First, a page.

Stephen Murphy (makeup effects); Morag McKinnon (director); Kiyoyuki Murakami (translator/sound recordist); some pie (comestible).
So, my friend Kiyo, visiting from Japan, left on Wednesday. Last time he visited and left I got bushwhacked by sudden emotion, which would probably have happened again, except for the comedy relief he thoughtfully supplied. “Thank you for your hospitality, and… thank you for everything you did to me,” he said, as he got into the cab, then sat down, missing the seat and landing on his arse on the floor. “That was a good one, wasn’t it?” he remarked, cheerfully.
I always found these space aliens, from the Japanese WARNING FROM SPACE, completely adorable in the movie stills I saw. With Kiyo departed and myself in nostalgic mood, I shoved the disc, a gift from composer Matt Wand, into the Panasonic and let ‘er rip.
A ready-made Fever Dream Double Feature, the disc consists of both WARNING FROM SPACE and the uncannily similar THEY CAME FROM BEYOND SPACE, an Amicus production that likewise features astronomer heroes, meteors that land in formation, extraterrestrials that take human form, and plot twists that shift the invaders from hostile to sympathetic and (sometimes) back again.
The other film BEYOND SPACE (the moon is beyond space? That’s a conservative estimate of the size of the universe, isn’t it?) resembles is another British UFO flick, THE BODY STEALERS. But that one, a Tigon production, is beyond dull. Despite being shot by the talented John Coquillon (WITCHFINDER GENERAL, PAT GARRETT AND BILLY THE KID) it contains only one striking shot:
A body worth stealing.
The Amicus effort is a lot more interesting, thanks to occasional wisps of inventiveness from director Freddie Francis, and excellent production design in the aliens’ lair, and even in the astronomers’ HQ, where a psychedelic floor painting livens things up. Francis was generally a weak director, at least compared to his brilliance as a cinematographer, but he could rise to the challenge when a film offered him something of visual interest to get his teeth into. Oddly, here and in LEGEND OF THE WEREWOLF, it’s the photography that often lets things down, with awkward transitions from day-for-night to night-for-night, something that NEVER works (honourable exception: THE PROFESSIONALS, shot by Conrad Hall).
Robert Hutton is our hero, a stiff bit of imported American timber, whose characterisation consists of (a) driving a vintage car, like Jon Pertwee in Doctor Who, and (b) having a metal plate in his skull, which turns out to protect him against alien possession. This results in an endearing bit where Hutton’s pal, Zia Mohyheddin, must fashion a brain-shield out of golf trophies and spend the rest of the film looking hilarious. Things like this keep the film going: most B-movie scifis are painfully lacking in ideas, seeming to equate creativity with expense. This one throws in a new novelty just often enough. A senior security guy from the secret service suddenly contract freckly plague — apparently by telephone. Staggering from the phone booth, he dies in seconds and immediately infects the doctor who rushes to his side. The delirium of the pace is dreamlike, aided by the surreal intensity of the doctor’s performance: we think of dreams as slow and floaty, but this sequence captures the abruption and ellipsis of dream-narrative very well.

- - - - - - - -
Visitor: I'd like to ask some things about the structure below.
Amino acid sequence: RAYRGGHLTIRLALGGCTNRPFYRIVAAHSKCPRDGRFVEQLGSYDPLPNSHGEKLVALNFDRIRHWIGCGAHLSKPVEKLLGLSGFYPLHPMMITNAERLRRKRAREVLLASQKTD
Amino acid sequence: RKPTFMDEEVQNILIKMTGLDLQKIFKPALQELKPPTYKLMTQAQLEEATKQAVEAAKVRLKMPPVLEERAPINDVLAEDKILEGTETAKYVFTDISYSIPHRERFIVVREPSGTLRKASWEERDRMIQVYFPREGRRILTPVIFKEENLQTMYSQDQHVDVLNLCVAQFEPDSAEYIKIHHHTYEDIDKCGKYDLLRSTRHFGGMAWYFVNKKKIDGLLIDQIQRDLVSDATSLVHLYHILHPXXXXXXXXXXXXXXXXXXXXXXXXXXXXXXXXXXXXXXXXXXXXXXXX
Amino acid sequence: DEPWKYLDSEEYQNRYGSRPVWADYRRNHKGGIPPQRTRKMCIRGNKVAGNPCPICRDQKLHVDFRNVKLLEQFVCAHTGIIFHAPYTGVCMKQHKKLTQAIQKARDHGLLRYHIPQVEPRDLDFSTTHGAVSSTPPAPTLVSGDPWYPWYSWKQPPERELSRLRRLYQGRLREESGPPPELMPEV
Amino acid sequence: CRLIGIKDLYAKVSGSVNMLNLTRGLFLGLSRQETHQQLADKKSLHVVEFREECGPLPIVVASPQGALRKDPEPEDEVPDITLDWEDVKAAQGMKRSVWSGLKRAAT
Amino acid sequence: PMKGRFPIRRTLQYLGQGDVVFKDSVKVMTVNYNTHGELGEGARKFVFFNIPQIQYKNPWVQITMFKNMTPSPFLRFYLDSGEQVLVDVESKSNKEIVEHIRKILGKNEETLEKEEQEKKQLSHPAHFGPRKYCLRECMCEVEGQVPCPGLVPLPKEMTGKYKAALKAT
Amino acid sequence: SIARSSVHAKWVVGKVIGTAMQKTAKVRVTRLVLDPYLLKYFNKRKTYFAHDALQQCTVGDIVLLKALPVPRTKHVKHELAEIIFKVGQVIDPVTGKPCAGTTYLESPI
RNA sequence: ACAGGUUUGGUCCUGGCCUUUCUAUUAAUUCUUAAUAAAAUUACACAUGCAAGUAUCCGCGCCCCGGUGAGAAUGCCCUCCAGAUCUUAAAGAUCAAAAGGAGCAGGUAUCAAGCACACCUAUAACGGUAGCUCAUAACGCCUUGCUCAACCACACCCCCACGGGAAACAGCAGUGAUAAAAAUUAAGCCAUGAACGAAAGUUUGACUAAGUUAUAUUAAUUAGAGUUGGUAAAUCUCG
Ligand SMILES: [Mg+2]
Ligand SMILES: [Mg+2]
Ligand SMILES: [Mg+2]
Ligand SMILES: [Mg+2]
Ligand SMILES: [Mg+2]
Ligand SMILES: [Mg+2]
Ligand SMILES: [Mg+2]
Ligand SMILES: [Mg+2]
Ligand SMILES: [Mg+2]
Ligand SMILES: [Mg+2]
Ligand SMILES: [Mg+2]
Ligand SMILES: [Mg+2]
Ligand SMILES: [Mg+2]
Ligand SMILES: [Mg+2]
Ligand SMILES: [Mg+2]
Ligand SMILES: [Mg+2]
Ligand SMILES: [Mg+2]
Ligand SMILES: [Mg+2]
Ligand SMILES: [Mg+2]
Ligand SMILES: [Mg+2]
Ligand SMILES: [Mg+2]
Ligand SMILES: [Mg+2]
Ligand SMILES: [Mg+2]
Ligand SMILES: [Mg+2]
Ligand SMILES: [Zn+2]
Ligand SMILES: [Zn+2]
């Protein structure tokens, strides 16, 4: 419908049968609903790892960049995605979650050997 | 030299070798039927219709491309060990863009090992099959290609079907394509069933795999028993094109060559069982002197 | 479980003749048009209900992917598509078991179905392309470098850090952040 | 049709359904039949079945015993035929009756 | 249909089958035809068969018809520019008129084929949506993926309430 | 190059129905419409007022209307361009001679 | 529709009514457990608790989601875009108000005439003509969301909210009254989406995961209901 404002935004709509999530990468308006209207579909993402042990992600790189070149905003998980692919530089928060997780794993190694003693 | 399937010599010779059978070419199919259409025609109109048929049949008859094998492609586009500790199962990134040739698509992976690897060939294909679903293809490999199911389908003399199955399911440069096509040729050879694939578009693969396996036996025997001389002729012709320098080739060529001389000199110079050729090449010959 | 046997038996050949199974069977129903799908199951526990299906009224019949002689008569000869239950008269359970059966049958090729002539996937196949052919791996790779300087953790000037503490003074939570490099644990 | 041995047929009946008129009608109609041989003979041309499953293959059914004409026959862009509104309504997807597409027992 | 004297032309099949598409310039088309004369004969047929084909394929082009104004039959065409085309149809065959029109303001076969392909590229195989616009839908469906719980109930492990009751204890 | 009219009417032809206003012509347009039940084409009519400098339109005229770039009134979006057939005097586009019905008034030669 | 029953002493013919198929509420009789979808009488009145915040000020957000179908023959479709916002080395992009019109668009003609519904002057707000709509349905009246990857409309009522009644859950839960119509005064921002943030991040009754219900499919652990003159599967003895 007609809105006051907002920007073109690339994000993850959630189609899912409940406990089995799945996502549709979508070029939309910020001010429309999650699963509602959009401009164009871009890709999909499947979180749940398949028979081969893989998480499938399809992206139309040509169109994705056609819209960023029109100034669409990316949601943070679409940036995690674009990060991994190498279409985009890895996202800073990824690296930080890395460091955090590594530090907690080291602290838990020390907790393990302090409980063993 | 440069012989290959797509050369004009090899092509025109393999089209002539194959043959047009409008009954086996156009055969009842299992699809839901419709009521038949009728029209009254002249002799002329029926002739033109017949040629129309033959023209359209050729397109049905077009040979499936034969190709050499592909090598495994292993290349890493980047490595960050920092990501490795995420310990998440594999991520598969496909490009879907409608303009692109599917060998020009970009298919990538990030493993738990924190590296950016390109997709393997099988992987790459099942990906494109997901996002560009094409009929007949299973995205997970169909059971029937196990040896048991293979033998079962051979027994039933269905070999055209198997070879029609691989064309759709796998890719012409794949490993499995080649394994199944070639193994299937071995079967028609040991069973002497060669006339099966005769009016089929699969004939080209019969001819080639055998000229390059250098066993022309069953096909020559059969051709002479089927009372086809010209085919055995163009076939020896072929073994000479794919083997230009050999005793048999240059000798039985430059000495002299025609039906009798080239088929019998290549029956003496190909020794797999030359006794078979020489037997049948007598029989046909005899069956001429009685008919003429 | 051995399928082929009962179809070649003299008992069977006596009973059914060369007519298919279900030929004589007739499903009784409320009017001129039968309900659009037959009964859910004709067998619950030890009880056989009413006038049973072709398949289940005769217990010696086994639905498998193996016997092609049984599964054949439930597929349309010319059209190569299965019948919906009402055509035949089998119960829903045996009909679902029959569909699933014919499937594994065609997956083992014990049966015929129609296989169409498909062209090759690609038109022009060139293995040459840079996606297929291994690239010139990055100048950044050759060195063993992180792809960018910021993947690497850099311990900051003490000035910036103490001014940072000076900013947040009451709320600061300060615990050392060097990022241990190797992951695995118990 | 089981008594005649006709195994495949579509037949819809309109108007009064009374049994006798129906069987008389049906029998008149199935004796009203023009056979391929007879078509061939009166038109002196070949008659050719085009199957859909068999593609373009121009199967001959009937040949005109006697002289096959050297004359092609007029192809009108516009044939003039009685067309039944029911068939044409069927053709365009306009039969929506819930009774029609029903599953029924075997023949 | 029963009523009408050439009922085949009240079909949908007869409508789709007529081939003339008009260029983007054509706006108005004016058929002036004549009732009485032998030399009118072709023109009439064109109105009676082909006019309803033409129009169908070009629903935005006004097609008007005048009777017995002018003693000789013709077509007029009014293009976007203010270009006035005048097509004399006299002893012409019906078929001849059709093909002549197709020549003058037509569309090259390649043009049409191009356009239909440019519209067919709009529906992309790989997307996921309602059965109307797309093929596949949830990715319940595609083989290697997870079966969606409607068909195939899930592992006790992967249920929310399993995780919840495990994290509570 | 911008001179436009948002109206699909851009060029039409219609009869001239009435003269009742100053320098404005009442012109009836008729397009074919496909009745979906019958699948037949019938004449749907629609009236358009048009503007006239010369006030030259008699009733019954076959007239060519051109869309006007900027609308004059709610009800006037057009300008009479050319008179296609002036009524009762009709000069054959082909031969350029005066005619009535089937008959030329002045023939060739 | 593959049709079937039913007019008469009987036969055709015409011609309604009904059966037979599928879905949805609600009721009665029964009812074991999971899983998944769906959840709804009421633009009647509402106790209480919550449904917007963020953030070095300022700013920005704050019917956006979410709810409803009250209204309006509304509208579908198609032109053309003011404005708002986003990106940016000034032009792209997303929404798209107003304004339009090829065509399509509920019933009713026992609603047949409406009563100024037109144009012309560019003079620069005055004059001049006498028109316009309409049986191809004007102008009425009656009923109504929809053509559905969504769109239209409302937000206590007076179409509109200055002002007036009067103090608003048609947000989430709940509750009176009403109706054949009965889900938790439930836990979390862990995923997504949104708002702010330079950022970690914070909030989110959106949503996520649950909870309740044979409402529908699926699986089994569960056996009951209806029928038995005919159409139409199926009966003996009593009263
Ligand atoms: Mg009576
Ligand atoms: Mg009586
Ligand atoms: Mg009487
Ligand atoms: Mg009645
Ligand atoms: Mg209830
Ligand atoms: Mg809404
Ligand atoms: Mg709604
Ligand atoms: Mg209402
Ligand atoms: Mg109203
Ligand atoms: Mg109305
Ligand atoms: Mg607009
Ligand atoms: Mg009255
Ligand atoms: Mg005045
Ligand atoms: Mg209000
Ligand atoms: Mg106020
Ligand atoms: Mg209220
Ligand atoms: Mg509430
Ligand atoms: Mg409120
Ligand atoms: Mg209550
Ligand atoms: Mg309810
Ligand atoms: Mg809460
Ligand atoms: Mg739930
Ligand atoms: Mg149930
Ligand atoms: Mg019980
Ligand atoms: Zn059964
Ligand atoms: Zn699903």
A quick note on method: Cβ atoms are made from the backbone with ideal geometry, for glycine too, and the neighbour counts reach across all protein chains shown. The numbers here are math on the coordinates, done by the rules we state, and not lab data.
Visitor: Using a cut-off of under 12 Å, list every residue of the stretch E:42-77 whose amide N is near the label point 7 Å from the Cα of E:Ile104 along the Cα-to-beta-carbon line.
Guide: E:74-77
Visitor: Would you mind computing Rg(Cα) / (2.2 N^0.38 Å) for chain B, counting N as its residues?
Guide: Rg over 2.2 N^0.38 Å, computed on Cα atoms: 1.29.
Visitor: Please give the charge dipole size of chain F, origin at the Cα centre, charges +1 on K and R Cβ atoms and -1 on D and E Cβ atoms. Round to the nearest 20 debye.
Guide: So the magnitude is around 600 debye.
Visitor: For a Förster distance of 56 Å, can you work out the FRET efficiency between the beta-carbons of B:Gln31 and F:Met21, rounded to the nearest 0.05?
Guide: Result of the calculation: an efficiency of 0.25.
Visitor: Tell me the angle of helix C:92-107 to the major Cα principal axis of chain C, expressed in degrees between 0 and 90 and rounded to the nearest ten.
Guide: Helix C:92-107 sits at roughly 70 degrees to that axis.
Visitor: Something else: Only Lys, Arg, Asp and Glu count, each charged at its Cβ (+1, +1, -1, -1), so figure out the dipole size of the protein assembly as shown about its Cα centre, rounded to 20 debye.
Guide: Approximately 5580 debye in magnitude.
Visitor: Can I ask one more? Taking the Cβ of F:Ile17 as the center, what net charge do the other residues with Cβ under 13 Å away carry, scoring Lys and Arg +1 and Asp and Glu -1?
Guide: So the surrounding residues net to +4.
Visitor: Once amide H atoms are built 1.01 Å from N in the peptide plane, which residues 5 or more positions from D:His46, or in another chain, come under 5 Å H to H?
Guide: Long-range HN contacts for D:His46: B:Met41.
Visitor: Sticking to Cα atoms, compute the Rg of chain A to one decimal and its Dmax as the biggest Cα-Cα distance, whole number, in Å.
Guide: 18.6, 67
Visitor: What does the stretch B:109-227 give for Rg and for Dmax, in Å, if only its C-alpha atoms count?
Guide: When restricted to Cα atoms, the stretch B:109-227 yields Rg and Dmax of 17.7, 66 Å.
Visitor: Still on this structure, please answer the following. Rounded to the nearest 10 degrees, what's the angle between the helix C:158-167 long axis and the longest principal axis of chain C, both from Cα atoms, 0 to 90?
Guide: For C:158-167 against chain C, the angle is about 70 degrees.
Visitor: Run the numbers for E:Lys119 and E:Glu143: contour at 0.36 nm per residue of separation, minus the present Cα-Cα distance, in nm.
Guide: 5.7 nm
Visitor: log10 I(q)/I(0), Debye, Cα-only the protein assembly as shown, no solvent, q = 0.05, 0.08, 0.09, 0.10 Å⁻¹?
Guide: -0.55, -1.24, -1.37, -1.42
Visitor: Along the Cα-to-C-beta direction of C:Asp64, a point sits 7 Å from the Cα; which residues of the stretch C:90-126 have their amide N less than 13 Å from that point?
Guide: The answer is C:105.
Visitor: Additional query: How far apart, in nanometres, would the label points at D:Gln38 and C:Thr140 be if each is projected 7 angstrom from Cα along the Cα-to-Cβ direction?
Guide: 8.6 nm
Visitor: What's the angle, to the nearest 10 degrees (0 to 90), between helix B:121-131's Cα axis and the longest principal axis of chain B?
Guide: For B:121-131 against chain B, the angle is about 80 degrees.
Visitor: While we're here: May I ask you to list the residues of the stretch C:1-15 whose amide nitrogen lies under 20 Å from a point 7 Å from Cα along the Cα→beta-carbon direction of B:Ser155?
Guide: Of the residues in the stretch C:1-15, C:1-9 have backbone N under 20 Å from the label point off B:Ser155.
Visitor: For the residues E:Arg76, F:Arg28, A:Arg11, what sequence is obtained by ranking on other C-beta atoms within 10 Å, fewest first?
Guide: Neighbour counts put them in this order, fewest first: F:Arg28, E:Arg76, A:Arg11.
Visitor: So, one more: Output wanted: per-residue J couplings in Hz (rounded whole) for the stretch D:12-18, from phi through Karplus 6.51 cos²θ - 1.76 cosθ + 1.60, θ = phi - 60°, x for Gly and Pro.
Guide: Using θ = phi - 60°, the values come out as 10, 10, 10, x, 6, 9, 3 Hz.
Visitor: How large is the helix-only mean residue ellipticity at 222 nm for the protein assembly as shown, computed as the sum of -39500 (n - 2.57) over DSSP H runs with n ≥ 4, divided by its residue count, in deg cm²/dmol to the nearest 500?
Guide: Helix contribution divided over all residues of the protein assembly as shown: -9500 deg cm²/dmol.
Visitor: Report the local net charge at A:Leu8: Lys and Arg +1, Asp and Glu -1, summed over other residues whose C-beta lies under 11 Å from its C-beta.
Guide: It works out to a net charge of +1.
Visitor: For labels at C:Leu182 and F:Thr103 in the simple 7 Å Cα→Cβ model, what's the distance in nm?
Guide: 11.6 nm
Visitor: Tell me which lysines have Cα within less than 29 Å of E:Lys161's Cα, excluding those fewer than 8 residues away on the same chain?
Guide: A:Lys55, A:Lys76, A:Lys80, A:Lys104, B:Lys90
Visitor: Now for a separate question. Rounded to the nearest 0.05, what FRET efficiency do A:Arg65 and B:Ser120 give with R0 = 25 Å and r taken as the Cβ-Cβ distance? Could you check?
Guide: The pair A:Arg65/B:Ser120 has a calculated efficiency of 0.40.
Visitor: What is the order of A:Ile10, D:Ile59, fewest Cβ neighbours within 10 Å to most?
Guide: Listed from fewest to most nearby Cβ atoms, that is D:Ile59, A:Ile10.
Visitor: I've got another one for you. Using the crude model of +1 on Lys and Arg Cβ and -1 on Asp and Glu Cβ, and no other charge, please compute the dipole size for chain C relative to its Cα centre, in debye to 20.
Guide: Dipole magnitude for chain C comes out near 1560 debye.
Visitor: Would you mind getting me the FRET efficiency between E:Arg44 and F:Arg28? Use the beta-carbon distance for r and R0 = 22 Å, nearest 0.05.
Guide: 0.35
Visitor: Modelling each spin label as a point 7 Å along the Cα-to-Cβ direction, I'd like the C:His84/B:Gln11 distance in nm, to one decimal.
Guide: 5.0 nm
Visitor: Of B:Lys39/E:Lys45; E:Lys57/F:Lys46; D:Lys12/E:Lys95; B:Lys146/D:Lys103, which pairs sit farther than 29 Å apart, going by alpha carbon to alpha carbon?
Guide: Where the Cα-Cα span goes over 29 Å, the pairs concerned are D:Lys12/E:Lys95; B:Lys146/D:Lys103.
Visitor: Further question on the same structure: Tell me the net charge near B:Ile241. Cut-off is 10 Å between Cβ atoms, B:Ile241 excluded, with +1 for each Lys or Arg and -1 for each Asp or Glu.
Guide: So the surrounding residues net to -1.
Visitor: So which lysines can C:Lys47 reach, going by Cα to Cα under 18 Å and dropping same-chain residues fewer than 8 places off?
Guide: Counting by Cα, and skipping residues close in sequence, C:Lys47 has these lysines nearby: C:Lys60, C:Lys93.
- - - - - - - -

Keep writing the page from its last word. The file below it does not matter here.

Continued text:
The biggest mistake is probably the casting of Michael Gough as “the Master of the Moon”. Stressing every other word and thrusting his head about like a querulous chicken, Gough is very much on form, but when he has to convert back to being the human being possessed by the M of the M, he plays “Arthur Grey” in exactly the same manner, which leaves the ending in a terrifying limbo. Does this mean that all the humans possessed by the invaders are permanently strange? Are we doomed to become a race of Michael Goughs? Look around you! Can you be sure it isn’t already happening?
WARNING FROM SPACE isn’t quite as full of surprises, but does switch genres in midstream, from invasion film to disaster movie. The starfish eyeball people from beyond infinity turn out to be warning mankind of a terrible threat, a comet (resembling a sun, in fact) on collision course with Earth. Cue lots of shots of screaming civilians evacuating Tokyo, apparently unaware that the surrounding countryside is still technically Earth.
It’s all decent entertainment if you’re as mentally twelve as I am, although maybe the film could have actually gotten by with fewer ideas. I would have been quite happy to just watch the starfish guys wandering about Tokyo, trying to buy beer or chat up the locals. When you have aliens as delightful as this, plot just gets in the way. Instead, the alien leader transmogrifies herself into a celebrity lookalike, travels to Earth, is washed up in a lake, and is quickly suspected of being what she is — her tendency to leap six feet in the air while playing tennis, and to teleport through plate glass, as well as the fact that she’s the doppelganger of a famous cabaret performer, tending to promote suspicion.
Also, because of the period it was made in, the colour process and the settings irresistibly recall Ozu’s late work, although director Koji Shima throws in the odd Dutch tilt, which is surely enough to disbar him from the transcendental style lodge.
The film was pan-and-scanned, the colour was faded, and the dialogue was dubbed (English dub by Jay Cipes, who married Edgar Ulmer’s daughter Arianne — and I think that might be Arianne’s voice playing the alien leader). So arguably I haven’t actually seen this film at all. But if I’m about to mutate into Michael Gough I don’t suppose it matters.
Snow-globe from beyond space.